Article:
How to Remove Wilton Food Coloring from Carpet

foodcoloring

Karen asked: How do you remove food color from carpeting? I had some Wilton’s food coloring for a wedding cake. The jar rolled off the table and made a mess on the carpet. The dye was burgundy and of course my carpet had to be beige. HELP! I tried the carpet cleaner and a spot cleaner and it’s pink now.

Food colorings are a type of dye and therefore can permanently color fabrics and clothing. Unfortunately, red is one of the biggest culprits and most difficult to remove. Fortunately, with a light colored carpet, you may have more options since you won’t have to worry as much about discoloration of the carpeting. According to the Wilton guidelines for removal, if the coloring contains Red 3, it should first be broken down with an acid and then cleaned. As always, the sooner it is cleaned, the easier it will be to remove. Follow these steps to get rid of the stain.

You Will Need:

  • Lemon juice or white vinegar
  • Commercial carpet cleaner or spot cleaner
  • Borax
  • Wet spotter (combine the following in a spray/squeeze bottle)
    • 1 part white dish detergent
    • 1 part glycerine
    • 8 parts water
  • Soft cloths or sponges
  • Cold water
  • Old toothbrush
  • Vacuum

How to Remove the Stain:

 

These steps utilize several methods that can be used to tackle food coloring stains. Once the stain is removed, skip to step 14.

  1. Begin by blotting the stain with lemon juice or vinegar. The acid in these products will help to break down the red food coloring in the stain so that it can be removed.
  2. It’s very important to BLOT throughout this entire process DO NOT SCRUB. Your goal is to “lift” the stain, not rub it into the fibers. Working from the outside of the stain towards the center will keep the stain from spreading.
  3. Blot with a clean cloth to remove as much of the stain as possible. As you are blotting you will notice the dye transferring onto the cloth. Switch to a clean piece of the cloth regularly to keep from reapplying the dye to the area.
  4. Spray the area with lukewarm water and continue to blot to remove.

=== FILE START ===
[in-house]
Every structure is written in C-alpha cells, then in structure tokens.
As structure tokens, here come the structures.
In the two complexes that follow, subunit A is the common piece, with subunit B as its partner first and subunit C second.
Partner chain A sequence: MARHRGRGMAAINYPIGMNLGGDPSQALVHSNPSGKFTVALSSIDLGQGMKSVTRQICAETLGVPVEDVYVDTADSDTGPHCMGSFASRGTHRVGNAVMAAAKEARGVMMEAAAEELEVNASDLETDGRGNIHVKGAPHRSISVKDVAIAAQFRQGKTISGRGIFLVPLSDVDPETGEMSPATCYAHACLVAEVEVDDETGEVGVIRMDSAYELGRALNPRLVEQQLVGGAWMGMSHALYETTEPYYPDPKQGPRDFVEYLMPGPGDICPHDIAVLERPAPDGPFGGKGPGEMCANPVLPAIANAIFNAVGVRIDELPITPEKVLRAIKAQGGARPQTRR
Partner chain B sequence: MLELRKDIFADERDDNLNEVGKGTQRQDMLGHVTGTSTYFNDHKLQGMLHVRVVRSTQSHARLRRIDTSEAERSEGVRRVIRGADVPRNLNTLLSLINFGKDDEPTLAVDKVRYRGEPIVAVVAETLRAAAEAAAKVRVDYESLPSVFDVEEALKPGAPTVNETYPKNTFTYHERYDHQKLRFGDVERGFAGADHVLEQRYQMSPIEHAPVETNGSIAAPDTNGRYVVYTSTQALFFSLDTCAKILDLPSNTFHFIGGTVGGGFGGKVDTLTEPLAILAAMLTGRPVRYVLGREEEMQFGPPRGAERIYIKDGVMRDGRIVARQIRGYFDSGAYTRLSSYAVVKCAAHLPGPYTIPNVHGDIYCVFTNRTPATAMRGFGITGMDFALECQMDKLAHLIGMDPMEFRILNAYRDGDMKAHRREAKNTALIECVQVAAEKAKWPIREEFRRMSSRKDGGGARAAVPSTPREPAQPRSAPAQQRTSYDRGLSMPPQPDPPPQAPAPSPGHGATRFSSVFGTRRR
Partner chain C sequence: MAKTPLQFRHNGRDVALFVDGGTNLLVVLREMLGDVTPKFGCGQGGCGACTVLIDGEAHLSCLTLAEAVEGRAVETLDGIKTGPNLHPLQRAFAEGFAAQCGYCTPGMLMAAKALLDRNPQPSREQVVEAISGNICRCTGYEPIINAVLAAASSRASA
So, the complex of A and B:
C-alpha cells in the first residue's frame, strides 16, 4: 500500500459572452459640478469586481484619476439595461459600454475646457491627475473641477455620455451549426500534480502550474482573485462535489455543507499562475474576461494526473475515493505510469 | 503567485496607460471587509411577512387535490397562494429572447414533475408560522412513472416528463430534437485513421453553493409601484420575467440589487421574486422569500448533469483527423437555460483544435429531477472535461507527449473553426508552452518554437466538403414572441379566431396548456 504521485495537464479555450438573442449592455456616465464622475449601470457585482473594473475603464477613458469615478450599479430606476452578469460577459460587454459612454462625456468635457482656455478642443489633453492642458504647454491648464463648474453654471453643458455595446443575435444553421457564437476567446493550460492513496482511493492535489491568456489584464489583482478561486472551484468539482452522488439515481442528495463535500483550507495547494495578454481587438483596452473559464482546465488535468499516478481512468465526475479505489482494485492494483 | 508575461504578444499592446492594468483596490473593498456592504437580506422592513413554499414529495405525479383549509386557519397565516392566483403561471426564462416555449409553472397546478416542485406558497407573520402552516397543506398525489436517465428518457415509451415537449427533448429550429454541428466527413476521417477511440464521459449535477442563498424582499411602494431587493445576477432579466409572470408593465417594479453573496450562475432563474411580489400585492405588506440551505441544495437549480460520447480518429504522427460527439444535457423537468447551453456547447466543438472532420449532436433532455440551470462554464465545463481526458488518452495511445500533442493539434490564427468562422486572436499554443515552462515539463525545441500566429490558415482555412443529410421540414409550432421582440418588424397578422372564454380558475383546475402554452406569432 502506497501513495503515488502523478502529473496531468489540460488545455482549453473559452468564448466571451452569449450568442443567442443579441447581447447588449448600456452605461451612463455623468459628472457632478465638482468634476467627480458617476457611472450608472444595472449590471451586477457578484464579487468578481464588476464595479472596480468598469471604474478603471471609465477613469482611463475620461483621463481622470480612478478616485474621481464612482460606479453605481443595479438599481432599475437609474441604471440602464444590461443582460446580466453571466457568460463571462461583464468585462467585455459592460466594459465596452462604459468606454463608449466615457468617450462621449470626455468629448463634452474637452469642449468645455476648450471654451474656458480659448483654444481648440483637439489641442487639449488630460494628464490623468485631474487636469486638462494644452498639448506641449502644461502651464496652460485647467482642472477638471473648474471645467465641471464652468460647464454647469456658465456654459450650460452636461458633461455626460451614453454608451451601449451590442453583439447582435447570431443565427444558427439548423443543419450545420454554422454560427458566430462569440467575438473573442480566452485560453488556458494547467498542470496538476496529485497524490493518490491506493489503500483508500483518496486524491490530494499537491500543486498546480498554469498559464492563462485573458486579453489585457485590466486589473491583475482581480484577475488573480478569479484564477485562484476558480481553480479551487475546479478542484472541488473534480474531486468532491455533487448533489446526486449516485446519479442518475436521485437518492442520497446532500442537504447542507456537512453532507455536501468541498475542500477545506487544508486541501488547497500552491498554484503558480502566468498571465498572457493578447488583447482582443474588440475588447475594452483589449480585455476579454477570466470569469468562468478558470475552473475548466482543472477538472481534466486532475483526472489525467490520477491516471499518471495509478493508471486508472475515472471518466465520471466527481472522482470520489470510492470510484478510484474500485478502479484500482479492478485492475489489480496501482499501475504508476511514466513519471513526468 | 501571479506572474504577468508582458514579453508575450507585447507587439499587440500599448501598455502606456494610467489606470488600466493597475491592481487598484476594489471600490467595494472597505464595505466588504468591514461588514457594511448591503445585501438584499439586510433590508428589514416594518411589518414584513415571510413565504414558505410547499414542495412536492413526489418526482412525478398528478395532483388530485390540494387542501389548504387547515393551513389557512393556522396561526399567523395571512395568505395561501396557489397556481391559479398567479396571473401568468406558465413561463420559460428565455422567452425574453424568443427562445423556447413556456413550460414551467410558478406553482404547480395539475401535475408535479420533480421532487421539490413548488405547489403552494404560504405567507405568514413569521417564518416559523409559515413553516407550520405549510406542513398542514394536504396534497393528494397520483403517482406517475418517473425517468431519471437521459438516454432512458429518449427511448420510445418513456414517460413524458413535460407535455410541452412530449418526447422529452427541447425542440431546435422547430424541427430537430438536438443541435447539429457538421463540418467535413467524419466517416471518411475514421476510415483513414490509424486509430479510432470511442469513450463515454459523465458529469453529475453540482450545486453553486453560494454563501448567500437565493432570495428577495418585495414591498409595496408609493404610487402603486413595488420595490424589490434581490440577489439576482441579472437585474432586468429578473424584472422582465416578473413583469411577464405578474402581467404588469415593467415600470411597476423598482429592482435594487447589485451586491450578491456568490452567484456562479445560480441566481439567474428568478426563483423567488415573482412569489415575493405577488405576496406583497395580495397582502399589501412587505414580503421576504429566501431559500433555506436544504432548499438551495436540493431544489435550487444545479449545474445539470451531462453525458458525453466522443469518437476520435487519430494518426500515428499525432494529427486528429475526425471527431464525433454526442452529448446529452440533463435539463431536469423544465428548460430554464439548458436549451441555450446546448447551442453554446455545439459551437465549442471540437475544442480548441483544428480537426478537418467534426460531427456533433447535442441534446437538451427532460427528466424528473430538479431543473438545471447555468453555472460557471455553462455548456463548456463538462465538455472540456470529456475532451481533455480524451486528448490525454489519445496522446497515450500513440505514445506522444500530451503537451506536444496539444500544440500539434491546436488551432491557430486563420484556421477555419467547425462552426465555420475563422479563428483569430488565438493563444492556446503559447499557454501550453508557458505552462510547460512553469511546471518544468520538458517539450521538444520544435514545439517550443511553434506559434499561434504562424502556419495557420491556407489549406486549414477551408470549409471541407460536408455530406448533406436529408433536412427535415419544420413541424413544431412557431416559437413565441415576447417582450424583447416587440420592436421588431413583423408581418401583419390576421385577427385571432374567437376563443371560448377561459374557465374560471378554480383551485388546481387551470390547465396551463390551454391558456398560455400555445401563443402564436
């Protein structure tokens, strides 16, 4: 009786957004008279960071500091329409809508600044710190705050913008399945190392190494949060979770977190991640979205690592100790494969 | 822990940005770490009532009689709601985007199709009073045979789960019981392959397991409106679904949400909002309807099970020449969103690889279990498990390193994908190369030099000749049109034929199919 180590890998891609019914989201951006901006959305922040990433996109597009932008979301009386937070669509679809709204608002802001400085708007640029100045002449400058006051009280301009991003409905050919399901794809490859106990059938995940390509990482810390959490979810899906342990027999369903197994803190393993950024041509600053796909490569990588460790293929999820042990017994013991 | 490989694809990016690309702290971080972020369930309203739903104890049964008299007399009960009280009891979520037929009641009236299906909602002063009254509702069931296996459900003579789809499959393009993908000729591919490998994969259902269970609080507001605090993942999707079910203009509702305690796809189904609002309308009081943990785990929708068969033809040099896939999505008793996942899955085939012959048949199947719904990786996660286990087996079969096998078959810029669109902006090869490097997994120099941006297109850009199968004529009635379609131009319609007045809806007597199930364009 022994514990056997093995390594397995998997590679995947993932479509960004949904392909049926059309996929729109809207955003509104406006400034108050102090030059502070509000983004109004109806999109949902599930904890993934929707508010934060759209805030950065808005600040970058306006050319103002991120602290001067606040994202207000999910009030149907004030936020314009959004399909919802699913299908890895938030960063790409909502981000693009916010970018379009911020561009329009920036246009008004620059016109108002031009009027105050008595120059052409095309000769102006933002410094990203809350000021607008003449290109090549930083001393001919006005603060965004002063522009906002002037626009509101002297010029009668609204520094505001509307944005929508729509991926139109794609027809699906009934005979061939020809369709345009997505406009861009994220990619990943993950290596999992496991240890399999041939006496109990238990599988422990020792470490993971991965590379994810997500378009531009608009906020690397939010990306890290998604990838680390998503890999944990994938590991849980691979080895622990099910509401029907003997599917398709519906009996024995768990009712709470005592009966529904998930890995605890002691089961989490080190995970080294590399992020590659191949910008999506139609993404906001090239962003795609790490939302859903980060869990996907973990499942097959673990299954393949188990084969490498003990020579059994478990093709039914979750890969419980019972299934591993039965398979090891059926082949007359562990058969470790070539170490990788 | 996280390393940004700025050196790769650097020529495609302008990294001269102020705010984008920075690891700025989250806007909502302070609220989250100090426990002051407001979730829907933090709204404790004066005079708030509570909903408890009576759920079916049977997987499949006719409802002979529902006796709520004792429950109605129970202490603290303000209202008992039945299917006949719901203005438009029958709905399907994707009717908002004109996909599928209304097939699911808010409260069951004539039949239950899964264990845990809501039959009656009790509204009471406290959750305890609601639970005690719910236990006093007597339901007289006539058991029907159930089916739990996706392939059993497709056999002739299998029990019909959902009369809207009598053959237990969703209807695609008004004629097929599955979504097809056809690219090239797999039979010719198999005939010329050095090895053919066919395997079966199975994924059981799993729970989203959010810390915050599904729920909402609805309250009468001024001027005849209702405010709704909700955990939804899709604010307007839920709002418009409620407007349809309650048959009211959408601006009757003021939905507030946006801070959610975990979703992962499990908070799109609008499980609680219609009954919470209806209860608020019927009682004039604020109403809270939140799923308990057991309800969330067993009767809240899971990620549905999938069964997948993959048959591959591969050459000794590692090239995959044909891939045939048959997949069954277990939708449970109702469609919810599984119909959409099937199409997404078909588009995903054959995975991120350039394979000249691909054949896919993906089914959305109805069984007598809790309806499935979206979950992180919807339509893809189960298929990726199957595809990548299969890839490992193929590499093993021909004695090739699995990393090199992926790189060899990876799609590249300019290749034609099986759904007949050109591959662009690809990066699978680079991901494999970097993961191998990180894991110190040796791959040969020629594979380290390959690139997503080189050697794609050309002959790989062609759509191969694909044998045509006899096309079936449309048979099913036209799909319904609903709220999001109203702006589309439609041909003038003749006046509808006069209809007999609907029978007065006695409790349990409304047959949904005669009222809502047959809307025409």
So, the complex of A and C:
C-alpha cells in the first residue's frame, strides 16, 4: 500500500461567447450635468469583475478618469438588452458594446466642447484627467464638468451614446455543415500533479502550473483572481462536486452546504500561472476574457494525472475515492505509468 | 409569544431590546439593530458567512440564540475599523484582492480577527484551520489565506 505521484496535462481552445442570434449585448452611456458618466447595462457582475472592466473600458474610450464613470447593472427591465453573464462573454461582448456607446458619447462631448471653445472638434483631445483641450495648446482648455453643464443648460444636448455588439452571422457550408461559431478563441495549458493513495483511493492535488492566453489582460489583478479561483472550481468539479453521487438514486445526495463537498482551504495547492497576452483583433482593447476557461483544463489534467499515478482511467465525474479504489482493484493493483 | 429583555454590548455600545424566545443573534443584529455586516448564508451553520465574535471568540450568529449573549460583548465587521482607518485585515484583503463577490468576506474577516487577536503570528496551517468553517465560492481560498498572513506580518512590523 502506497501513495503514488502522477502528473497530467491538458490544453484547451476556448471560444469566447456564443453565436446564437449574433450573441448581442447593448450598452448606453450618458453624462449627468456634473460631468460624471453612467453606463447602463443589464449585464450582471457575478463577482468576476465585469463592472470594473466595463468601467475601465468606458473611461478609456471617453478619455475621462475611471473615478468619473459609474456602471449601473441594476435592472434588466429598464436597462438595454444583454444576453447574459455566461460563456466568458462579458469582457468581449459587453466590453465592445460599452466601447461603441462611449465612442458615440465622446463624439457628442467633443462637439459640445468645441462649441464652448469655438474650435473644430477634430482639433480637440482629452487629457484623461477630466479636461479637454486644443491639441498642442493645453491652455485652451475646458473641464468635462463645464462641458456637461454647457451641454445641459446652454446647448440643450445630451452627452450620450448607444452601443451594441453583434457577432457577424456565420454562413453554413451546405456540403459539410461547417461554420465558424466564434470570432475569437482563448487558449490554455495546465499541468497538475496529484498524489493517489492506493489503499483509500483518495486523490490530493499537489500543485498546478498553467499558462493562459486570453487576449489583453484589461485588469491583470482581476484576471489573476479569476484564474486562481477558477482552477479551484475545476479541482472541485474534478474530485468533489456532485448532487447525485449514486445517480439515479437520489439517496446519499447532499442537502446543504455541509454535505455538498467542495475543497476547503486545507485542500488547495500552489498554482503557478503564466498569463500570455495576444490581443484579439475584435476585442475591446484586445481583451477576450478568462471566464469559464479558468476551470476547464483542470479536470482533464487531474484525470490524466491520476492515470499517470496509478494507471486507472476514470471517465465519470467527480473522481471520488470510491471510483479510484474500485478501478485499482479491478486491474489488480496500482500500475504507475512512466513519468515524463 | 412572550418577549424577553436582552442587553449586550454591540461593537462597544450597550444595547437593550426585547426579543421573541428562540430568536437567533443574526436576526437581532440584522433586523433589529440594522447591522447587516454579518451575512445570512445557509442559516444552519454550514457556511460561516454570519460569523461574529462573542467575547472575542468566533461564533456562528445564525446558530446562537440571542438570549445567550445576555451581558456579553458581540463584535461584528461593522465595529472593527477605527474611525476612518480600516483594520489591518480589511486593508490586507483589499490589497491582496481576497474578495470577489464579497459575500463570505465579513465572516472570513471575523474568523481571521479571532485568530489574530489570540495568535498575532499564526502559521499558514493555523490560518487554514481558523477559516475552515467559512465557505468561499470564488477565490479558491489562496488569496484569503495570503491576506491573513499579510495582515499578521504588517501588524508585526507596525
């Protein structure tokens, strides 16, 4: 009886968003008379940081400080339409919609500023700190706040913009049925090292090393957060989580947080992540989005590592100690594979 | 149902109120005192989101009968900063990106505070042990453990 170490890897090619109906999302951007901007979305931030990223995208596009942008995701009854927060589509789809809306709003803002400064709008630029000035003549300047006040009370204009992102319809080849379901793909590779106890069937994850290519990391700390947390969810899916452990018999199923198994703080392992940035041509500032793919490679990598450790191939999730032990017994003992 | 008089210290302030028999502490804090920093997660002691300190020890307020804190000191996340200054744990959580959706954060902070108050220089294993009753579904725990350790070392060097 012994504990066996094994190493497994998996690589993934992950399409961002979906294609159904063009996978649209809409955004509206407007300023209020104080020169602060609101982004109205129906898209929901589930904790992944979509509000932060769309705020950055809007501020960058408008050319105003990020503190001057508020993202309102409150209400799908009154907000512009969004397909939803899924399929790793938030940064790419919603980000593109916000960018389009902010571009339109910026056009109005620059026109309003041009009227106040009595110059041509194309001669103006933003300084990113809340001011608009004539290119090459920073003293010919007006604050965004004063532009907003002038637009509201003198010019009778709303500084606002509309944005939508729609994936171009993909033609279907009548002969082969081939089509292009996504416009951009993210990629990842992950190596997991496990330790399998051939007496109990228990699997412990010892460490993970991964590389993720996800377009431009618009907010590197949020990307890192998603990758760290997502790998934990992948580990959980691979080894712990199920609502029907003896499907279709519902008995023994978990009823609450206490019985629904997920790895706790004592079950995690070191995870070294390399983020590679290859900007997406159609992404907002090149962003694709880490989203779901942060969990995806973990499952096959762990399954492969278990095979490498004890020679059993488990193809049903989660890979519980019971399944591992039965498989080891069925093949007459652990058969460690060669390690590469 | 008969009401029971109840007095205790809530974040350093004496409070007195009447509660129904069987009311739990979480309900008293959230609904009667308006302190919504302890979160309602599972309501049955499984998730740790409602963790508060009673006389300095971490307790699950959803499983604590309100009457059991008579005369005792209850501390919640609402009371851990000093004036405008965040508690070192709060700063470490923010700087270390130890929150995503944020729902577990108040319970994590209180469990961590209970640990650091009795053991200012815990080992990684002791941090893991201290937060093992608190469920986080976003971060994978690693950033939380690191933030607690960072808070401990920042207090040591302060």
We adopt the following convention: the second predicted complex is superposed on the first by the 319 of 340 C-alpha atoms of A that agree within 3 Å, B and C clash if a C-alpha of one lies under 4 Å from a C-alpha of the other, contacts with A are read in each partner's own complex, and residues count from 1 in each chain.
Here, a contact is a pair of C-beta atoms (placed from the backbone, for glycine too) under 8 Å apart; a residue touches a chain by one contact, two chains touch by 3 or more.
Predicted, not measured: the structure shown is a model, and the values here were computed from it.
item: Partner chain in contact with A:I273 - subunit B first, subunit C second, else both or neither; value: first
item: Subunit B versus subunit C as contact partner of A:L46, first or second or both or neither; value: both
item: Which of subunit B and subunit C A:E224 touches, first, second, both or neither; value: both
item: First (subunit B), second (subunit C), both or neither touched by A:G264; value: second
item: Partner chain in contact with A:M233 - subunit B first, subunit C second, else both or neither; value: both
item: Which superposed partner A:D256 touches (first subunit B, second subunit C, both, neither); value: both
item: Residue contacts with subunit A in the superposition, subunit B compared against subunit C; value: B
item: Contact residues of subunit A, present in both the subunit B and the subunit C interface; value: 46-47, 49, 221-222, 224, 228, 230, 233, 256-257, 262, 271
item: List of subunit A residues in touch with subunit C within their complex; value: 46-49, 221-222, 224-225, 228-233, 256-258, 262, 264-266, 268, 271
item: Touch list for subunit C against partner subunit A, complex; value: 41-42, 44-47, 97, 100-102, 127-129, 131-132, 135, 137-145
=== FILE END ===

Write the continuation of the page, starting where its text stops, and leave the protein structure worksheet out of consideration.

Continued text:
5. Allow the area to dry completely.
  6. Clean the area with a commercial cleaner designed for your specific type of carpet.
  7. If the stain persists, moisten the stain with the wet spotter.
  8. Dab on a small amount of vinegar on top of the wet spotter.
  9. Blot with clean cloth moistened with the wet spotter.
  10. Continue to moisten with spotter and vinegar and blot with moistened cloth until the stain is removed.
  11. If the stain persists, cover the stain with borax.
  12. Use an old toothbrush to gently work the borax into the stain.
  13. Blot with clean cloth. Repeat as necessary with a clean cloth each time until no more stain appears on the cloth.
  14. When the stain is removed, rinse the area completely by blotting with clean water. If the cleaning solutions remain on the carpet, they may cause extra wear and/or the residue may lead to quicker dirt build up.
  15. Allow the area to dry completely, and then vacuum the area to restore the fibers to their normal texture.

Additional Tips and Ideas

  • Avoid using alcohol on carpeting as it will deteriorate the adhesives that hold the carpet together.
  • If the carpet is light in color, it may be possible to bleach the stain away. Always test a small area first to check for unwanted discoloration effects.

 

Comments

  1. Kaley says:

    The other day, I spilled red food coloring. It was the size of a dime. I started scrubbing it with water and it spread. It’s been three days since it happened. What do I do? I tried lemon, but it doesn’t work.

  2. Melanie says:

    Kaley,
    For red food coloring, ammonia is recommended instead of vinegar. Make a solution with a tablespoon of liquid dish soap and ammonia in two cups of water, pour the mixture on the stain and blot the area. If you don’t have any ammonia available, you can try using Windex, which contains ammonia.
    If the stain remains, move on to step 6: a commercial carpet stain remover, or step 11: Borax.

    Source: HowStuffWorks – How to Get Food Coloring Out of Carpet

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